Designed by a team led by Chief Project Engineer V. A. Kuznetsov, the Mi-24 used the drive train of the Mil Mi-8 Hip-B/C transport and Mi-14 Haze-A anti-submarine helicopters. It had a five-blade main rotor. a three-blade tail rotor and was equipped with retractable tricycle landing gear.

The Mi-24 (named “Hind” by NATO forces) was operated by a pilot and a weapons system operator seated in tandem configuration, with the pilot slightly offset to the left. The gunner is in the forward position. It differed from the American Bell AH-1G Cobra attack helicopter in that it could carry 8 troops or 1,500 pounds (680 kilograms) of cargo in a center fuselage compartment.

Prototype V-24 during test flight. (Unattributed)
Prototype V-24 during test flight. (Unattributed)

The Mi-24 is 17.5 meters (57 feet, 5 inches) long, 6.5 meters (21 feet 4 inches) high, with a main rotor diameter of 17.3 meters (56 feet, 9 inches). As is standard practice with Soviet helicopters, the five-blade main rotor turns clockwise as seen from above. (The advancing blade is on the left.) The tail rotor diameter is 3.9 meters (12 feet, 9½ inches).

The entire fuselage is tilted 2° 30′ (and thus, the transmission, mast and main rotor) to the right to counteract the rotor system’s translating tendency, and helps with high-speed stability.

In early versions, the tail rotor was mounted on the right side in pusher configuration and rotated counter-clockwise as seen from the left. (The advancing blade is above the axis of rotation.) Because of poor handling conditions, the tail rotor was changed to the left side in tractor configuration, with the advancing blade below the hub.

The helicopter’s empty weight is 8,500 kilograms (18,739 pounds) and loaded weight is 12,000 kilograms (26,455 pounds).

Power is supplied by two Isotov TV3-117 turboshaft engines rated at 1,700 shaft horsepower, or 2,200 horsepower for takeoff or one engine inoperative emergency operation.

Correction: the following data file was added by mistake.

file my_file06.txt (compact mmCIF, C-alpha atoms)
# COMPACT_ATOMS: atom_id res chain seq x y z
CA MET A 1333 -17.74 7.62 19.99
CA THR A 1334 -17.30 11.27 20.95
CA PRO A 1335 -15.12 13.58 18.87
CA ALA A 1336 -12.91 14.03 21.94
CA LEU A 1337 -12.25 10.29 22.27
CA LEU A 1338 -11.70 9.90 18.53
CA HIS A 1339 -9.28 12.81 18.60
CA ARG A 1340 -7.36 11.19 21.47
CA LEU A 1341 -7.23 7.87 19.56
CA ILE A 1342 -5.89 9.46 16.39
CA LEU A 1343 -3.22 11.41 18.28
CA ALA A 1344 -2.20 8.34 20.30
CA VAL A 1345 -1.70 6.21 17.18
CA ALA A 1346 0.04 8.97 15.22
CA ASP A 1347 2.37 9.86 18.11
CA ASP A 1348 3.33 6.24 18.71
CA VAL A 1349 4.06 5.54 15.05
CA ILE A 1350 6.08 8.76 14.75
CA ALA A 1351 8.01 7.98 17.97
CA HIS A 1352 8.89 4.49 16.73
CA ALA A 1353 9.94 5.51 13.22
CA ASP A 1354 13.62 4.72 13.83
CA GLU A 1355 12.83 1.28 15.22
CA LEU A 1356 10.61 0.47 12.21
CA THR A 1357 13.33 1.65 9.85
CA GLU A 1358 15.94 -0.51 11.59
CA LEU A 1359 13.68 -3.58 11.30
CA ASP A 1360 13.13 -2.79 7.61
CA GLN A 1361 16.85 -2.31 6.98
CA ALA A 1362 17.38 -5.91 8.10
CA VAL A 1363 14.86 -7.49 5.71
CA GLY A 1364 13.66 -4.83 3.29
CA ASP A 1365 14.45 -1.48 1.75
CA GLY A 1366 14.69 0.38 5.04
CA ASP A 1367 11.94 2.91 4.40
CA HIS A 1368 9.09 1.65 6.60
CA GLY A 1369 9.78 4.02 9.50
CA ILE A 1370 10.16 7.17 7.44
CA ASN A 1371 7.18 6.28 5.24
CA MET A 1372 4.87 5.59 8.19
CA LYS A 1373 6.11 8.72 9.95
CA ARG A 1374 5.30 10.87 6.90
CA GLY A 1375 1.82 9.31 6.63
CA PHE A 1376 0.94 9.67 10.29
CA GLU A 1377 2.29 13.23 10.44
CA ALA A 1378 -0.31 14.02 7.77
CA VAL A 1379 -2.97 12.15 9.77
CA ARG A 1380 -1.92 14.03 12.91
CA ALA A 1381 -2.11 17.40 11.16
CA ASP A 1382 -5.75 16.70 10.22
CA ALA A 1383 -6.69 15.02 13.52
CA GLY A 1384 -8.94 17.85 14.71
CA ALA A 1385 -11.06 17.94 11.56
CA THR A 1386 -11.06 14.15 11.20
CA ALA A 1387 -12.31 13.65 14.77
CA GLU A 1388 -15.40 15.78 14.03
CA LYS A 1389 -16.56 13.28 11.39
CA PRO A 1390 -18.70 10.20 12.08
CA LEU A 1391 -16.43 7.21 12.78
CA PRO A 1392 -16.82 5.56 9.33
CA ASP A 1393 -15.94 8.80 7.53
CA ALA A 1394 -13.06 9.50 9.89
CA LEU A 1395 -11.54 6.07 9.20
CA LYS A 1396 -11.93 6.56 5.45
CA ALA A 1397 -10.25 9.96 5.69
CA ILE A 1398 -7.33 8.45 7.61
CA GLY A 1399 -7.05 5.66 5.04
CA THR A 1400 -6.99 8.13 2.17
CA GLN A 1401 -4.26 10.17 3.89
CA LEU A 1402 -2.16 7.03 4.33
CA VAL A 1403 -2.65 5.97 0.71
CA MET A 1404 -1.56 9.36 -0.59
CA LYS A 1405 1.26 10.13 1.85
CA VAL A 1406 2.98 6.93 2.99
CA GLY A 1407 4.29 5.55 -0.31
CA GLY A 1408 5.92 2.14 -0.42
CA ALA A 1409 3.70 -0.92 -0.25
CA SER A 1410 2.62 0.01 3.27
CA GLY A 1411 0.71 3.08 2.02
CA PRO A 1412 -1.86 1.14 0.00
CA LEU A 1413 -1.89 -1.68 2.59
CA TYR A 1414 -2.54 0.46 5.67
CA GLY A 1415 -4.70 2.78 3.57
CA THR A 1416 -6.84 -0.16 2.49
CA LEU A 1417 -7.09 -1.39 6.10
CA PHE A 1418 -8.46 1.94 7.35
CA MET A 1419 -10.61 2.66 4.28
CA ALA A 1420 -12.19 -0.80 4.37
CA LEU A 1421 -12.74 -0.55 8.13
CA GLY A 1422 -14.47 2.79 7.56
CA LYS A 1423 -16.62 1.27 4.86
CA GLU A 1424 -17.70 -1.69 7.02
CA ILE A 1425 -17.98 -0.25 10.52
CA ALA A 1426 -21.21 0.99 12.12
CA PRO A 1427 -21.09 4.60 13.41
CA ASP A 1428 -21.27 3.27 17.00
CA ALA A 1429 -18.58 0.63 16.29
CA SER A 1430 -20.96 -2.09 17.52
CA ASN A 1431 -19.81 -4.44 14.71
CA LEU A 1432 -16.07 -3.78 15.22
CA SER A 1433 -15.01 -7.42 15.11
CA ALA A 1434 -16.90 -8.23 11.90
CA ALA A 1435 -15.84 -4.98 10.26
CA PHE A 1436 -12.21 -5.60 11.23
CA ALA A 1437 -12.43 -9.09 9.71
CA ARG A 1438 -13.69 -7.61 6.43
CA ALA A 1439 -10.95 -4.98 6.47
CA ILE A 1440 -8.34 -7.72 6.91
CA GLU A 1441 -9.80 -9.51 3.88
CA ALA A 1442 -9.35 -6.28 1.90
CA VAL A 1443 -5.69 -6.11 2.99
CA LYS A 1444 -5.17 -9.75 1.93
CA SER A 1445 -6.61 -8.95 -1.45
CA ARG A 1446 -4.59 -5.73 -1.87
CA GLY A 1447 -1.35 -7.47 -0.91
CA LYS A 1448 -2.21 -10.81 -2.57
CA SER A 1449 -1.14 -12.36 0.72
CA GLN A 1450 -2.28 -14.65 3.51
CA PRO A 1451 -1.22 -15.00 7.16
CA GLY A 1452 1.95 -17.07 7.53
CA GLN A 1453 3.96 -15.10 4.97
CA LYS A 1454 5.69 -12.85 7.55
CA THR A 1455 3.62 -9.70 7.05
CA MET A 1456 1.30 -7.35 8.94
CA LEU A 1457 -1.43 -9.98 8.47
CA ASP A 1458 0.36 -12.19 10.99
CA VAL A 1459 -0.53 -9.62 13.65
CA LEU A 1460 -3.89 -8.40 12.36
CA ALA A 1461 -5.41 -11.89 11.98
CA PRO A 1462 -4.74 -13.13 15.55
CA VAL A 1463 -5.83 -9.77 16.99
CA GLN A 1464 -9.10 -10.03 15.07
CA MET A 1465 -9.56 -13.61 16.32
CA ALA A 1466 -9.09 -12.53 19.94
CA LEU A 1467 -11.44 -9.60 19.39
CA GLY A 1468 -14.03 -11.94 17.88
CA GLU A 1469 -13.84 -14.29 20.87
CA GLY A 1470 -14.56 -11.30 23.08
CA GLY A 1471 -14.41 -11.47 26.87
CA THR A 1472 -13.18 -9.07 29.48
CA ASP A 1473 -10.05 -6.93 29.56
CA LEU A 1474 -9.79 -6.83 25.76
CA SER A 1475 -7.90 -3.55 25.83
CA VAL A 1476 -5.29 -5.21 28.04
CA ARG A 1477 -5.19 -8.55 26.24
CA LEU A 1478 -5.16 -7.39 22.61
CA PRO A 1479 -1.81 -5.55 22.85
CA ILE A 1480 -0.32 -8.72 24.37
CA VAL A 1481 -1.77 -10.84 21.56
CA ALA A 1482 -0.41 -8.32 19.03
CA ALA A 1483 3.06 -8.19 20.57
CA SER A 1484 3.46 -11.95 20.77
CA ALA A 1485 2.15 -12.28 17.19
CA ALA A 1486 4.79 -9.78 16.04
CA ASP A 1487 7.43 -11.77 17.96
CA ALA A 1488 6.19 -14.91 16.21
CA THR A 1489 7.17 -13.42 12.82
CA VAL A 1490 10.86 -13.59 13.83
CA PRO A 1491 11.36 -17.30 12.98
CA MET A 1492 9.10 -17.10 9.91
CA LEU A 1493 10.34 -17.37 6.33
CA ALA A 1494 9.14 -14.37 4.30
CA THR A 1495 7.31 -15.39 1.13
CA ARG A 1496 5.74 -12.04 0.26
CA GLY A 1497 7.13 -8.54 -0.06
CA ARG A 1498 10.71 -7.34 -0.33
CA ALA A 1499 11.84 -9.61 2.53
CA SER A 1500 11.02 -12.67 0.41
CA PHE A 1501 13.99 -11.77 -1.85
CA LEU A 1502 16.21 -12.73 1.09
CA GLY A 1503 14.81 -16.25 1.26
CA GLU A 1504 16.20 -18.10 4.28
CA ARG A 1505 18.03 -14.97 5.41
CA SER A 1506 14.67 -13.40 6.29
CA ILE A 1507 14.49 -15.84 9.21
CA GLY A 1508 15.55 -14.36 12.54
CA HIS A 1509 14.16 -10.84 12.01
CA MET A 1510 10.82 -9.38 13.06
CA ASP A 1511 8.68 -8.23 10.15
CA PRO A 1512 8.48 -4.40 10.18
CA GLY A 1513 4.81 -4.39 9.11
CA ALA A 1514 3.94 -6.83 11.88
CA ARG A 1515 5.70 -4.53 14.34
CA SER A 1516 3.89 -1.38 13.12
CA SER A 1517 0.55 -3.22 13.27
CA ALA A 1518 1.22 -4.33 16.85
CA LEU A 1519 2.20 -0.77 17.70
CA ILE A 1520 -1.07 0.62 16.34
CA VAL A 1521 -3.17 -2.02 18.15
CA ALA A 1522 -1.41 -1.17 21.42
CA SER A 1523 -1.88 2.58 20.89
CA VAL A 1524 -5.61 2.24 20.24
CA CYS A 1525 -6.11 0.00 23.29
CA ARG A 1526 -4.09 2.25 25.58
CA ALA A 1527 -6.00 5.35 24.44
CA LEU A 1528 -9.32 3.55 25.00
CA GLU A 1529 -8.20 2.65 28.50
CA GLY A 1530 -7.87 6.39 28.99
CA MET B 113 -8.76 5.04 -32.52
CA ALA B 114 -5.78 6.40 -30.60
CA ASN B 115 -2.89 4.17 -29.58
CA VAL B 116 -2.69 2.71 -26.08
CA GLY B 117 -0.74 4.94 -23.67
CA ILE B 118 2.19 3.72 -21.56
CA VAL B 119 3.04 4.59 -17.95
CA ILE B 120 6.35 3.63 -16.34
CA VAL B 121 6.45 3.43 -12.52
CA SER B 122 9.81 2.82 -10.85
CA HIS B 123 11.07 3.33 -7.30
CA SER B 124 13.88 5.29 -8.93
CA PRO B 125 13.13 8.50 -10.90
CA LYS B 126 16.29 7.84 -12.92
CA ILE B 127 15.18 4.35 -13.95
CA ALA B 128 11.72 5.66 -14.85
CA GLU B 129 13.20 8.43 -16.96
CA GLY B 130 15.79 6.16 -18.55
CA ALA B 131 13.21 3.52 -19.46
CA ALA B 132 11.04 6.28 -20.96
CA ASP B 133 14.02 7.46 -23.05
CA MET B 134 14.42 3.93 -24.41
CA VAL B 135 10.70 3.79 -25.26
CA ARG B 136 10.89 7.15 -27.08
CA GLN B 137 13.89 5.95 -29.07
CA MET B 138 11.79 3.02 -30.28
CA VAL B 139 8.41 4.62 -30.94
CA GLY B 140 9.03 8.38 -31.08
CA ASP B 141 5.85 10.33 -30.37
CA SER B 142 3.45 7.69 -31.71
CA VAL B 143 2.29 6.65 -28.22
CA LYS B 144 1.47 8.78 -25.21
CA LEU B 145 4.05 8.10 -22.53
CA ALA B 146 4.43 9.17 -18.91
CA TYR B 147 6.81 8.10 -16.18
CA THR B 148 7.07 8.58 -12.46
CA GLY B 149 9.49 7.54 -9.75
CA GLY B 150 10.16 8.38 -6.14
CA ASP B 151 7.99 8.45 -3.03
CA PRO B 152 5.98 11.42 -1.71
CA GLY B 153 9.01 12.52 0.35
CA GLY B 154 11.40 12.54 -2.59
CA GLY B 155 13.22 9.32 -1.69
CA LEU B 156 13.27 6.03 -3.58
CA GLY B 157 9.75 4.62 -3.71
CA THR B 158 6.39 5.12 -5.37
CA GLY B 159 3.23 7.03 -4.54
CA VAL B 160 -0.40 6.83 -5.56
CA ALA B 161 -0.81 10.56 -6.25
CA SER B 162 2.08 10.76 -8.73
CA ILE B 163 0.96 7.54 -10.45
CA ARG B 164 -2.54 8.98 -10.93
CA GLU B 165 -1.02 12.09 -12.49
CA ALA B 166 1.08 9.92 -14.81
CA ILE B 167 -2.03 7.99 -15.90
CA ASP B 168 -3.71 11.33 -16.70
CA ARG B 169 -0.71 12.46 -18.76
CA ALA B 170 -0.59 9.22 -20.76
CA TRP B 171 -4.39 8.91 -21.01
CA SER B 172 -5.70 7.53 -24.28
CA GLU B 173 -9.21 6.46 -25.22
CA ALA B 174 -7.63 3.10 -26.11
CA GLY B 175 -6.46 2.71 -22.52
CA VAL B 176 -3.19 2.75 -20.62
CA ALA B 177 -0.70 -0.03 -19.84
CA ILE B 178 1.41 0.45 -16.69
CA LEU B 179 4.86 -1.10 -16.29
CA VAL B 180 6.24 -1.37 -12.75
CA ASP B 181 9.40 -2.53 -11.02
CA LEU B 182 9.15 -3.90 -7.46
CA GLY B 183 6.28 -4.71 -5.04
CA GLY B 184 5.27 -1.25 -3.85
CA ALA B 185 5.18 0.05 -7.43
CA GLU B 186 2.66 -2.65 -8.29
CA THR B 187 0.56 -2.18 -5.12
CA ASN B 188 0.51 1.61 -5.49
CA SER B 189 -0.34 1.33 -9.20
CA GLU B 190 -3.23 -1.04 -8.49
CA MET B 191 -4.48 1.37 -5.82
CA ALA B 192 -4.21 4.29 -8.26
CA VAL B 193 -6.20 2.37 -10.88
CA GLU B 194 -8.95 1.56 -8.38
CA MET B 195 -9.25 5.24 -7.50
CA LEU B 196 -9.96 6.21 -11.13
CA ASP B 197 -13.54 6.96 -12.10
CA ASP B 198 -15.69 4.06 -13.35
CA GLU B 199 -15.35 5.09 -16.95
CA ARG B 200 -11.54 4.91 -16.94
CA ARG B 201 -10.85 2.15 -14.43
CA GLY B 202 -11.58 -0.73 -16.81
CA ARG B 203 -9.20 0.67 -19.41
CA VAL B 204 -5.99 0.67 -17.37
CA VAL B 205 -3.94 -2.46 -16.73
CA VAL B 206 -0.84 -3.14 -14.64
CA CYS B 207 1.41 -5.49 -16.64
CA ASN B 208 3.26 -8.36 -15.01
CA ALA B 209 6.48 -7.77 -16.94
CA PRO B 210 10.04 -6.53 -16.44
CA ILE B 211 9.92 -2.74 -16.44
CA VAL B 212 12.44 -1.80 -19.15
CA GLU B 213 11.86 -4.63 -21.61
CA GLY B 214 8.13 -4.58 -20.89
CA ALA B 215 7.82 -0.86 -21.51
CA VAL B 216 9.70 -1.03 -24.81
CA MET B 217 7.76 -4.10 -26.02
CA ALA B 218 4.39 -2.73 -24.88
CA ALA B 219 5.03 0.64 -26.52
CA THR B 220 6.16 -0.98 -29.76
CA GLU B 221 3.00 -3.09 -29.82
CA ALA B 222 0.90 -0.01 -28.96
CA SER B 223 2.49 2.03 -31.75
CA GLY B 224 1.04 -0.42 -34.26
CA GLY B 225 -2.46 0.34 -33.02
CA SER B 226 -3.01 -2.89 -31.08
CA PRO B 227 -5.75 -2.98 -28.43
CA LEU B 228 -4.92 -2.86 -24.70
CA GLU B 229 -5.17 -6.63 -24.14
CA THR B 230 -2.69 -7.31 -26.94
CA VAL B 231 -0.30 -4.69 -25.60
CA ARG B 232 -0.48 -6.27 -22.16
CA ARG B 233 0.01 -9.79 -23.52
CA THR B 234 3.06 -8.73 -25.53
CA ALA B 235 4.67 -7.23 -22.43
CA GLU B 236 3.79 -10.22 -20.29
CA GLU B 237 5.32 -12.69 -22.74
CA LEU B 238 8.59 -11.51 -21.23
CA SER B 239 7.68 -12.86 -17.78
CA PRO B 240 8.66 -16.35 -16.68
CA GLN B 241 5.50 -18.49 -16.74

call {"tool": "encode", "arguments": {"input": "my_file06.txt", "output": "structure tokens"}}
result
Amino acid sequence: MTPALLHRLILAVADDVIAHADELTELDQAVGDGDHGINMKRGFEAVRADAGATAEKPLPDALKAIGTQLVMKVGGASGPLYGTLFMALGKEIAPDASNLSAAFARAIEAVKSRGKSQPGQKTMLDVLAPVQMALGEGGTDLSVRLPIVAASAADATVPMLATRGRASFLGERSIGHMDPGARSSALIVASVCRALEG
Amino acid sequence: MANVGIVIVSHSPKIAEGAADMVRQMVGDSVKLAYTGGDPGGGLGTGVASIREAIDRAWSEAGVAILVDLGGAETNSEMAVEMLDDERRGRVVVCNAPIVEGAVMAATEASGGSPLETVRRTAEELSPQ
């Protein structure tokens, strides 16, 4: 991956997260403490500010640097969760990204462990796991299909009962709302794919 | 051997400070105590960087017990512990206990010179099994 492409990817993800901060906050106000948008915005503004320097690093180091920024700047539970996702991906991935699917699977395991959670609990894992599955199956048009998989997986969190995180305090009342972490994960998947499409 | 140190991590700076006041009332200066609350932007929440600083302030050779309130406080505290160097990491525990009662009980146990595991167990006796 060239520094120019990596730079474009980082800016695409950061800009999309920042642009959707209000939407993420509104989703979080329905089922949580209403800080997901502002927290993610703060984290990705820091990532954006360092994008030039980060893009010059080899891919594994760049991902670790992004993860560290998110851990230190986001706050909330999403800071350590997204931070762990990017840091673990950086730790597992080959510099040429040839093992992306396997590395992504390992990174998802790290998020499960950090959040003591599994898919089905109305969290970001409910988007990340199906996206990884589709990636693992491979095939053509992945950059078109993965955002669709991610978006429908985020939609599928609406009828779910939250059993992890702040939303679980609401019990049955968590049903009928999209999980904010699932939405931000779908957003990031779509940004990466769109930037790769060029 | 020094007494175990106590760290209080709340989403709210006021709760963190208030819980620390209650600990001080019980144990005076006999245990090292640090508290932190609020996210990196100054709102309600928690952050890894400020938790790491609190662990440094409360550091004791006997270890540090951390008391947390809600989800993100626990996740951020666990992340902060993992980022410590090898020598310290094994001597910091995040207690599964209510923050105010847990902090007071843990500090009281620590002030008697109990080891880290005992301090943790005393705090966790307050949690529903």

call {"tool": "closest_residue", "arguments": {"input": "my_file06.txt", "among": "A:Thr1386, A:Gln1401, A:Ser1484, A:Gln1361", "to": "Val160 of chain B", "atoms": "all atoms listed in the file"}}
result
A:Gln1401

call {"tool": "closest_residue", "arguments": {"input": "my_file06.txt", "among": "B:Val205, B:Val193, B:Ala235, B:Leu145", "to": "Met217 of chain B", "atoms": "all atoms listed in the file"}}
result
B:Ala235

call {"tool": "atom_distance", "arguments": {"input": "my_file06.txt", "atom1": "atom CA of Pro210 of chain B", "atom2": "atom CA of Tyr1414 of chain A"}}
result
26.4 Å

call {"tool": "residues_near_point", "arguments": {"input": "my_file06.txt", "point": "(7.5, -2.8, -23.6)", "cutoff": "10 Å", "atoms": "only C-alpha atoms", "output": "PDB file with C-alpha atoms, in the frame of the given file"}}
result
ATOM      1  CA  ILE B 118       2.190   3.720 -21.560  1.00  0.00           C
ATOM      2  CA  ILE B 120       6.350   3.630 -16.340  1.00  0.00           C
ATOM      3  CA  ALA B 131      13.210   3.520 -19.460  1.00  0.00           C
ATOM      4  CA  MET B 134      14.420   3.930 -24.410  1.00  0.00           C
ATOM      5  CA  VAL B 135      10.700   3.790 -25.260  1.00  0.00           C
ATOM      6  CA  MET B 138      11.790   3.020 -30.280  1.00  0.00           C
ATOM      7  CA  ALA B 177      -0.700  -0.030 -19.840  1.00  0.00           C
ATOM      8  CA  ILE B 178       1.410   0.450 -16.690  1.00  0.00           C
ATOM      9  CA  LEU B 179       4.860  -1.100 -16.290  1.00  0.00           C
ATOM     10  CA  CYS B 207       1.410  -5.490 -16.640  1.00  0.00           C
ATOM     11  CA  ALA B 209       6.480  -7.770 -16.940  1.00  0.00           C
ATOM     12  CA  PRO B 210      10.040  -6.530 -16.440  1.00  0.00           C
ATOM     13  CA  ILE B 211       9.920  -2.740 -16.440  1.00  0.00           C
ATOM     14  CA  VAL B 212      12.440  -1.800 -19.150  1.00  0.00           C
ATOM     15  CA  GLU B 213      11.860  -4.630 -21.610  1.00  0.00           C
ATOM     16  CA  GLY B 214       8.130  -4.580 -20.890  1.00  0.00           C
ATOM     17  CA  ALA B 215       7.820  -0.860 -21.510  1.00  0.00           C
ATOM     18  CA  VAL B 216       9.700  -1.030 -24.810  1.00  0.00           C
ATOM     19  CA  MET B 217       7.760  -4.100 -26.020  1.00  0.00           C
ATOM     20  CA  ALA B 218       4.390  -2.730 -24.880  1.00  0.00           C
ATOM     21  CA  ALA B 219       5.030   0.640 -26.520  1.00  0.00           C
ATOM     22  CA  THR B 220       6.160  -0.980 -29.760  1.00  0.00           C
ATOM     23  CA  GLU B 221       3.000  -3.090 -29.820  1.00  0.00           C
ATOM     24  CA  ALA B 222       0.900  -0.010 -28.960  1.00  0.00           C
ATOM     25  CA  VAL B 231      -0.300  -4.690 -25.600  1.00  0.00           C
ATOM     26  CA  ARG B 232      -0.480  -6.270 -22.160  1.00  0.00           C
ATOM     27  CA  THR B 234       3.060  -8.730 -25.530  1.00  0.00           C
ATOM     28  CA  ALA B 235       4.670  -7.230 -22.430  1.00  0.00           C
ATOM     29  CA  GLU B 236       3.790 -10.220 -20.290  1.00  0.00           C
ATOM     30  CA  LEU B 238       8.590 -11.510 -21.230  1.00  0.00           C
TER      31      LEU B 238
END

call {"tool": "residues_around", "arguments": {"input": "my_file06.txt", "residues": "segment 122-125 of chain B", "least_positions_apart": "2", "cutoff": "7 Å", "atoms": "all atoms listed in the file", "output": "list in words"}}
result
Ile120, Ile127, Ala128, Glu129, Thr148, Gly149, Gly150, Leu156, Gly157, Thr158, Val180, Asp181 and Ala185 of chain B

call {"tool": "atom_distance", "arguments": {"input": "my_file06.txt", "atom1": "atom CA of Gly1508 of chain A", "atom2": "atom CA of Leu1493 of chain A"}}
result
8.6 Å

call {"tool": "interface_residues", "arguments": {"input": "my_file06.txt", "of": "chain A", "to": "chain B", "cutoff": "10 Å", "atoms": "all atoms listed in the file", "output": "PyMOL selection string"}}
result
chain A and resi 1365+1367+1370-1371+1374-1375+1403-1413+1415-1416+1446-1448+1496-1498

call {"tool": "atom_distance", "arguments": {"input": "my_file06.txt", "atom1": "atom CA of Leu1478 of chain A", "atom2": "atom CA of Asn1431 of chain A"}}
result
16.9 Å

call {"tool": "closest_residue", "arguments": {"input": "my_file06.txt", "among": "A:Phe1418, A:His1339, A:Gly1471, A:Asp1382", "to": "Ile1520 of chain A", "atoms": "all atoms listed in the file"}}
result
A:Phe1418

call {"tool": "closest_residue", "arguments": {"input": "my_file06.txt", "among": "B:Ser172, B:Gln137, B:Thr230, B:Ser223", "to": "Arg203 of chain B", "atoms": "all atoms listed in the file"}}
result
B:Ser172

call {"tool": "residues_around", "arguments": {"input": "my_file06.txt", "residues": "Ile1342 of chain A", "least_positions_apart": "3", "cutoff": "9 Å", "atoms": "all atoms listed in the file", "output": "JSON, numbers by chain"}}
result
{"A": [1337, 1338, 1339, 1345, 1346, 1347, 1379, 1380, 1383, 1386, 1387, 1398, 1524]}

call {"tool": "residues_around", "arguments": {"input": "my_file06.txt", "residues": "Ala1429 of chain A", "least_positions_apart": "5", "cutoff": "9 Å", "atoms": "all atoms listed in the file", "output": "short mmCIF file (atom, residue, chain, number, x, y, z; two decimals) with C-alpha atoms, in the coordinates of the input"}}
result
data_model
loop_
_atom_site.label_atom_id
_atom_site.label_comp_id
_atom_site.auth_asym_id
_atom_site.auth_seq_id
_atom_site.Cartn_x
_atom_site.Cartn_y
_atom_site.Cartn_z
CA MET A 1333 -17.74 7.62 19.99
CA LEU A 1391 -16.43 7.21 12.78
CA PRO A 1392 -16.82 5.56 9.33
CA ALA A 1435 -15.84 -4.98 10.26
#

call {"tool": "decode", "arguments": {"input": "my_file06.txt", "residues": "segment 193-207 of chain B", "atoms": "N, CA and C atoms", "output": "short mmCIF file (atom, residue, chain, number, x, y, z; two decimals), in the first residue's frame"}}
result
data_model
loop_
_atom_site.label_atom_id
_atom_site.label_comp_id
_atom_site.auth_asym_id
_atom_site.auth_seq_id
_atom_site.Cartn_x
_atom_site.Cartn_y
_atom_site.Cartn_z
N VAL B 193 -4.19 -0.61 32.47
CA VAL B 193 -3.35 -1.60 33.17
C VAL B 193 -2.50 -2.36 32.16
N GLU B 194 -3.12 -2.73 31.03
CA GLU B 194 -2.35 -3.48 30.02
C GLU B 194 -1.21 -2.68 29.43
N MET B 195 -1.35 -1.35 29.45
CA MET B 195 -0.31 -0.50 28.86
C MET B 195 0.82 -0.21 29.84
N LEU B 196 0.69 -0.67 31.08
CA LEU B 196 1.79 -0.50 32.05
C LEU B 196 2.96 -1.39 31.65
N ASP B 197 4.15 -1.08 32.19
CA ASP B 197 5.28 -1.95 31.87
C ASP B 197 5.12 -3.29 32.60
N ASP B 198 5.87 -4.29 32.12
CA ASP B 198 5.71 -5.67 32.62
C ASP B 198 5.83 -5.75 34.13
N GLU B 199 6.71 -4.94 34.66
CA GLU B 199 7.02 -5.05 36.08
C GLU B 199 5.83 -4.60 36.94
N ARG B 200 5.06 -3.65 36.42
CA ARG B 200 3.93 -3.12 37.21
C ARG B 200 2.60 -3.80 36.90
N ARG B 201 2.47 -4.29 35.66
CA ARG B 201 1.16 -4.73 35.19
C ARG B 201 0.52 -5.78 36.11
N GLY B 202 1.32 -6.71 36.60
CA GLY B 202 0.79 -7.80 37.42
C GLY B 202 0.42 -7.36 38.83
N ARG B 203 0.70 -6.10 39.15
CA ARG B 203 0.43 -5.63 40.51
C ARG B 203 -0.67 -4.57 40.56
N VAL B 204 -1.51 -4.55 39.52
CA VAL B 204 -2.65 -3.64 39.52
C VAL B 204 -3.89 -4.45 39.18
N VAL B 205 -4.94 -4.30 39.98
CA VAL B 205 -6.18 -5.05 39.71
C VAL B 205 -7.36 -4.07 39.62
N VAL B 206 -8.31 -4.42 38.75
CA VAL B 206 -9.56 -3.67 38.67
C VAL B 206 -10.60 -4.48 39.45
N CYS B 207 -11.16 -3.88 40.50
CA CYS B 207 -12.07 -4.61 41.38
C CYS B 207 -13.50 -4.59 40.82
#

The Mi-24 has a maximum speed of 335 kilometers per hour (208 miles per hour) and range of 450 kilometers (280 miles). The service ceiling is 4,500 meters (14,764 feet).

Armament consists of a turret-mounted Gryazev-Shipunov GSh-23 23mm cannon with 450 rounds of ammunition. Air-to-air and air-to-ground missiles are carried on pylons mounted under the helicopter’s stub wings.

More than 5,200 Mi-24 attack helicopters have been built, many of them exported. It is estimated that the cost of an individual helicopter is $32,500,000.

Prototype Mil Mi-24 helicopter, which first flew September 19, 1974. (Russian Helicopters photo)
“Red 77,” the prototype Mil Mi-24A helicopter. Note the anhedral of the wings. (Russian Helicopters photo)

Herman V. Alferov (Алфёров Герман Витальевич)—also known as G.V. Alferov or German V. Alferov—was born at Moscow, Russia, U.S.S.R., 11 April 1934. He graduated from the 3rd Moscow Flying Club in 1950, and from 1952 to 1954 was a flight instructor at the Central Aeroclub Chkalov. In 1954,  He graduated from the Voluntary Society of Assistance to the Air Force (DOSAAF) central flight technical school at Saransk in the Mordovian Autonomous Oblast.

Alferov was employed as a test pilot at OKB Mil in Moscow from 1954 until 1982, and remained with the flight test center until 1992. He participated in setting 11 Fédération Aéronautique Internationale (FAI) world helicopter records, and was named an Honored Test Pilot of the Soviet Union, 16 November 1973. In 1977, he was awarded the Order of the October Revolution, twice received the Order of the Red Banner of Labor, and twice the Order of the Red Star.

Herman V. Alferov died 19 January 2012.

Herman V. Alferov with a Mil Mi-4 helicopters.
Herman V. Alferov with a Mil Mi-4 helicopter, circa 1960. (Unattributed)

© 2016, Bryan R. Swopes